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What was Hazard thinking?

What was Hazard thinking?

11/03/16 11 March 2016

Eden Hazard caused a bit of a stir in world football by swapping shirts with PSG's Angel di Maria at halftime while trailing on aggregate in their recent Champions League clash. Some are suggesting the issue is blown out of proportion, Chelsea’s fans on the other hand are irate – and they’re well within their rights to be so.

We all understand why it’s done at Fulltime. It’s an iconic tradition of our sport, centered on the mutual respect of two who wish to hold a keepsake to commemorate a great and memorable contest. Beyond the notion of fulltime, the key term here is memorable. Whether or not the contest will be a memorable one was by definition yet to be determined, and on the 45 minutes that followed I can guarantee anyone reading this wouldn’t re-watch that match 5 years from now. It was certainly no Brazil v England 1970 where Pele and Bobby Moore swapped jersey’s after the Seleção’s 1-0 victory in the World Cup Final. Losing home and away and 4-2 aggregate in a UCL Round of 16 Clash, not even Tottenham would release a DVD celebrating that.

Swapping shirts at halftime with another 45mins to get back into the contest clearly shows a lack of interest – some consider this to be a cliché, but ultimately you’d think if someone who believed in winning the tie would be far too focus and furious regarding the current scoreline and pending elimination.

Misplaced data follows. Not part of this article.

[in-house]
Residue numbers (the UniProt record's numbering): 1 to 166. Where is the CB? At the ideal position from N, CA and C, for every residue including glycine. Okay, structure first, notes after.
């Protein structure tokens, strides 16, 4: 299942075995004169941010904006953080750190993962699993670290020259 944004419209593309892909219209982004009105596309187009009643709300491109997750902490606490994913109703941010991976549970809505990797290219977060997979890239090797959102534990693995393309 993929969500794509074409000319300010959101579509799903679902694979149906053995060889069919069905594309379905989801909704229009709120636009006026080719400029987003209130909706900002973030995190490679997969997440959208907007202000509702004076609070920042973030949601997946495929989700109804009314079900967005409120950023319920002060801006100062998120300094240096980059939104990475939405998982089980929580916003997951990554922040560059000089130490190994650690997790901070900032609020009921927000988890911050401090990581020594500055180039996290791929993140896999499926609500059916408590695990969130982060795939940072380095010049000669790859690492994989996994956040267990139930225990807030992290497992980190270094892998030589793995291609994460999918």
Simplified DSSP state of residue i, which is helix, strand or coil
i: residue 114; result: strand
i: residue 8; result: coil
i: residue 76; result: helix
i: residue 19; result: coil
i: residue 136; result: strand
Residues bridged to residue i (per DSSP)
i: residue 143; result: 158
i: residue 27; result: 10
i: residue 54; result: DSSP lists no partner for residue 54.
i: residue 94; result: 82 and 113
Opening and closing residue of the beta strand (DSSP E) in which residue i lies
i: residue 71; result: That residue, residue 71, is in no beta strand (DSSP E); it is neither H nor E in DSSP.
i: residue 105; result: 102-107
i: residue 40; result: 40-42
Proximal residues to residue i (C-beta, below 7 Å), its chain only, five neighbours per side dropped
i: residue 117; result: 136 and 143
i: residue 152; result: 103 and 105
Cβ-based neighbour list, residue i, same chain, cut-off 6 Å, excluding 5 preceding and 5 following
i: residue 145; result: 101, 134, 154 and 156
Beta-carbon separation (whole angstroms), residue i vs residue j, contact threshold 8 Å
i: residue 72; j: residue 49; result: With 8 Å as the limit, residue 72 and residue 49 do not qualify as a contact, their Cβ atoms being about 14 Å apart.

The incident itself was symbolic of Hazard’s performance that night and most of the season - his motivation and desire has clearly been lacking. During the match in question he was forever dragging his heels and simply going through the motions; swapping shirts at halftime is just another example of how he doesn’t give a f***. Consider this, would you ever see one of Leicester City’s players doing this at halftime?

Last season, Mario Balotelli caused similar outrage doing the exact same act. Though you could literally exchange the word Hazard for Balotelli in the paragraph above and the sentiment is equally as accurate. But again on that point, the guy must know that Balotelli received worldwide criticism for it and he still went and did it, which only serves to further illustrate the point.

At the end of the day, it seems obvious that Hazard wants out of Chelsea, and if he doesn’t then he probably should because nonchalance is not something that Antonio Conte will tolerate to put it lightly (if rumors are to be believed and he takes over next season).